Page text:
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NASA Space Science

NASA Working On Refueling Satellites 116

cylonlover writes "Geostationary satellites cost a fortune and, despite their sophistication, they break down or eventually run out of propellant to keep them oriented. This is unfortunate when the nearest garage is back on Earth, so NASA wants to remedy this with an orbital version of roadside service. The space agency is developing a service robot that can visit ailing satellites and refuel or even repair them on the spot. The refueling program is already at an advanced enough stage that a technology demonstrator called the Robotic Refueling Mission (RRM) was delivered to the International Space Station (ISS) in July of last year. The RRM was installed on a temporary platform outside the station. NASA's Goddard Space Flight Center wants a robot capable of carrying out what it calls the five 'Rs' – refueling, repositioning, remote survey, component replacement or repairing – on any satellite that might require its services."
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NASA Working On Refueling Satellites

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  • by Rich0 ( 548339 ) on Monday October 22, 2012 @10:39AM (#41728509) Homepage

    I could almost see there being some value in refuel. Maybe also in reposition if a big change is involved (but why would you need to move it anyway?). Take a few pictures of it if you want, since that is fairly cheap.

    However, when you start getting into repair you're talking about a massive increase in cost and decrease in reusability of the refueling ship.

    And if you don't do repair, then you need to design the satellites to have components that last for decades but a fuel supply which lasts much less - why not just launch it with a lifetime fuel load?

    Repositioning only makes sense if it was unplanned and needs more propellant than could be carried by the satellite. If you dock a ship to it and use that to move the satellite, then you need enough fuel to reposition the combined mass of both. It would be smarter to just refuel it and let the satellite move itself.

    Oh, and unless you're really patient, moving from satellite to satellite takes a fair bit of fuel (a little nudge goes a long way if you're willing to wait, but with each orbit lasting a day it will be probably weeks between encounters if you don't want to do large burns).

    I think that the only way private companies would sign up for this refueling service were if the cost of the service were basically subsidized on the backs of taxpayers. I could be wrong, and that would be wonderful, but this really seems like a solution looking for a product. Sometimes it really is cheaper to just make a new one.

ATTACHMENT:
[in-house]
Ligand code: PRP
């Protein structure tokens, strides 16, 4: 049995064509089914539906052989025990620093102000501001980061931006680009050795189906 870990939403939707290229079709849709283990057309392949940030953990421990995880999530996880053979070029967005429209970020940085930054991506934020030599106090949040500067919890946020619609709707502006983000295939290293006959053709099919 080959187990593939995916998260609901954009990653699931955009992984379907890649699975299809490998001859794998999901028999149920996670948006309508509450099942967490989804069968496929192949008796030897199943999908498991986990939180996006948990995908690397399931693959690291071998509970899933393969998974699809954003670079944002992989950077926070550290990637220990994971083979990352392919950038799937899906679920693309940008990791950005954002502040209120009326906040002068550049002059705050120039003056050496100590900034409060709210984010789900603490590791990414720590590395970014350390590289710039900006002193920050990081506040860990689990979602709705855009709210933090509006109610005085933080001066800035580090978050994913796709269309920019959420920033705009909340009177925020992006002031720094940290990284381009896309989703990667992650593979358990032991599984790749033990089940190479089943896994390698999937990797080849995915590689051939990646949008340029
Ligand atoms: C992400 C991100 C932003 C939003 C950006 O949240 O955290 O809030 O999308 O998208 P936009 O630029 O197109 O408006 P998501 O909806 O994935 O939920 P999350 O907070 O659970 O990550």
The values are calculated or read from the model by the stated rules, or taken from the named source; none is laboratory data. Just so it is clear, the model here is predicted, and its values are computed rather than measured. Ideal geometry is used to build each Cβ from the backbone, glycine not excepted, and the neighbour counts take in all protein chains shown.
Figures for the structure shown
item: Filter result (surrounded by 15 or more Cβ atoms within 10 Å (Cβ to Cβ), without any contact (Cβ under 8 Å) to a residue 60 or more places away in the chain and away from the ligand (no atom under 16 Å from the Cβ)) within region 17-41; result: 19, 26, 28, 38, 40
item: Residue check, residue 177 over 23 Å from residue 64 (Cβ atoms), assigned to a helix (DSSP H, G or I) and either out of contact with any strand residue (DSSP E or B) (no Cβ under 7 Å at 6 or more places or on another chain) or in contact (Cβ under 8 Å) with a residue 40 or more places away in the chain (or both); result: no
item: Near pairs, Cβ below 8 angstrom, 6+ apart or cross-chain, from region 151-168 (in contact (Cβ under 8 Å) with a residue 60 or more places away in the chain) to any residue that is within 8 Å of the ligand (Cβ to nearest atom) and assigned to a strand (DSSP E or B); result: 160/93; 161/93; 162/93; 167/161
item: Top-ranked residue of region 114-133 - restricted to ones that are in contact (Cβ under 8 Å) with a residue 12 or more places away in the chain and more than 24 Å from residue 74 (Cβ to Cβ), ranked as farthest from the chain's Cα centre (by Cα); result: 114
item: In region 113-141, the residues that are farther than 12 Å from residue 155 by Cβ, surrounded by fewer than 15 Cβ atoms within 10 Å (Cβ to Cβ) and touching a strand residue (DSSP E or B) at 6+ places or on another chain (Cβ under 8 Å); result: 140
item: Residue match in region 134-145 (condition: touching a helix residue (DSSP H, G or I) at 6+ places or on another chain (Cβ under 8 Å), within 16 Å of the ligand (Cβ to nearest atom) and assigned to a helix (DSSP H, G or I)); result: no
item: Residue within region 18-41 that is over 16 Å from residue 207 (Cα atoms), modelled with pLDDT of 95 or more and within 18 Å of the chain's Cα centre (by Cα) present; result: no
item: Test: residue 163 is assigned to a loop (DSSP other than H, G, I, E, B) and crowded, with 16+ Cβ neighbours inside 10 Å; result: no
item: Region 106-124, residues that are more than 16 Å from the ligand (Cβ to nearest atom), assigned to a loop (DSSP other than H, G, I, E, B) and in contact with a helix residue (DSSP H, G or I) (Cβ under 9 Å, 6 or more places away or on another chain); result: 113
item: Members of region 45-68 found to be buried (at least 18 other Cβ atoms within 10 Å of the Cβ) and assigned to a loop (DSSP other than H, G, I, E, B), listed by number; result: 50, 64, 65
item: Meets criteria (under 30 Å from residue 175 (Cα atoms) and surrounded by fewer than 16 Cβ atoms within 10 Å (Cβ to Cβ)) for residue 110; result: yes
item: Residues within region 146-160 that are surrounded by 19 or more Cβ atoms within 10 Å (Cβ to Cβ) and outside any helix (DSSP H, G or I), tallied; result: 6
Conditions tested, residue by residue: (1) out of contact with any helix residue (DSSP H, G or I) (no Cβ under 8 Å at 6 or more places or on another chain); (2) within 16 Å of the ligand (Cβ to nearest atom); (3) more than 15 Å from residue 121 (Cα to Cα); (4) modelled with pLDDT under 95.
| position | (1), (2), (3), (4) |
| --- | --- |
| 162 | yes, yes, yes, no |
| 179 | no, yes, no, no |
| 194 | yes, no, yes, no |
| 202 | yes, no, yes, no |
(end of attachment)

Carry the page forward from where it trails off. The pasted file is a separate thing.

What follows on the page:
• Bonkers (Score:3, Interesting)

    by Anonymous Coward on Monday October 22, 2012 @10:41AM (#41728527)

    The whole "let's re-use spacecrafts" has been conclusively demonstrated to be Economic Nuts by the Space Shuttle program (1kg lifted by the shuttle is ten times more expensive than 1kg lifted by a throw-away rocket) . I have the definite feeling NASA wants to prove this once again, just in a different way.

    But maybe we should read this message metaphorically ;-)

  • The orbit, itself (Score:5, Interesting)

    by dpilot ( 134227 ) on Monday October 22, 2012 @11:45AM (#41729199) Homepage Journal

    More likely, the most valuable thing up there is not the satellite, it's the position it's occupying. Once upon a time, we tried to keep 2 degrees of separation between geosync satellites - meaning that there were 180 "slots" where one could be placed, and obviously fewer than that that could service any one location. The separation keeps dropping, but that makes the need for stationkeeping more precise, probably calling for more fuel, etc.

    So the best thing here is to keep those geosync slots in use, and not chewing up an empty slot with a dead or useless satellite. I'll have to agree with what someone else said - that de-orbit should be a published option, as well.

    Personally, I believe the best option is a big, gravity-gradient-stabilized boom, with some serious solar panel capacity on the outer side, battery capacity to match, and standardized electrical and mechanical hookups. Then rather than sending up complete satellites, lease hookups on the boom, and just send up an electronics package. In this case, the "service satellite" carries the package up, anchors and connects it, and does initial checkout.

"No, no, I don't mind being called the smartest man in the world. I just wish it wasn't this one." -- Adrian Veidt/Ozymandias, WATCHMEN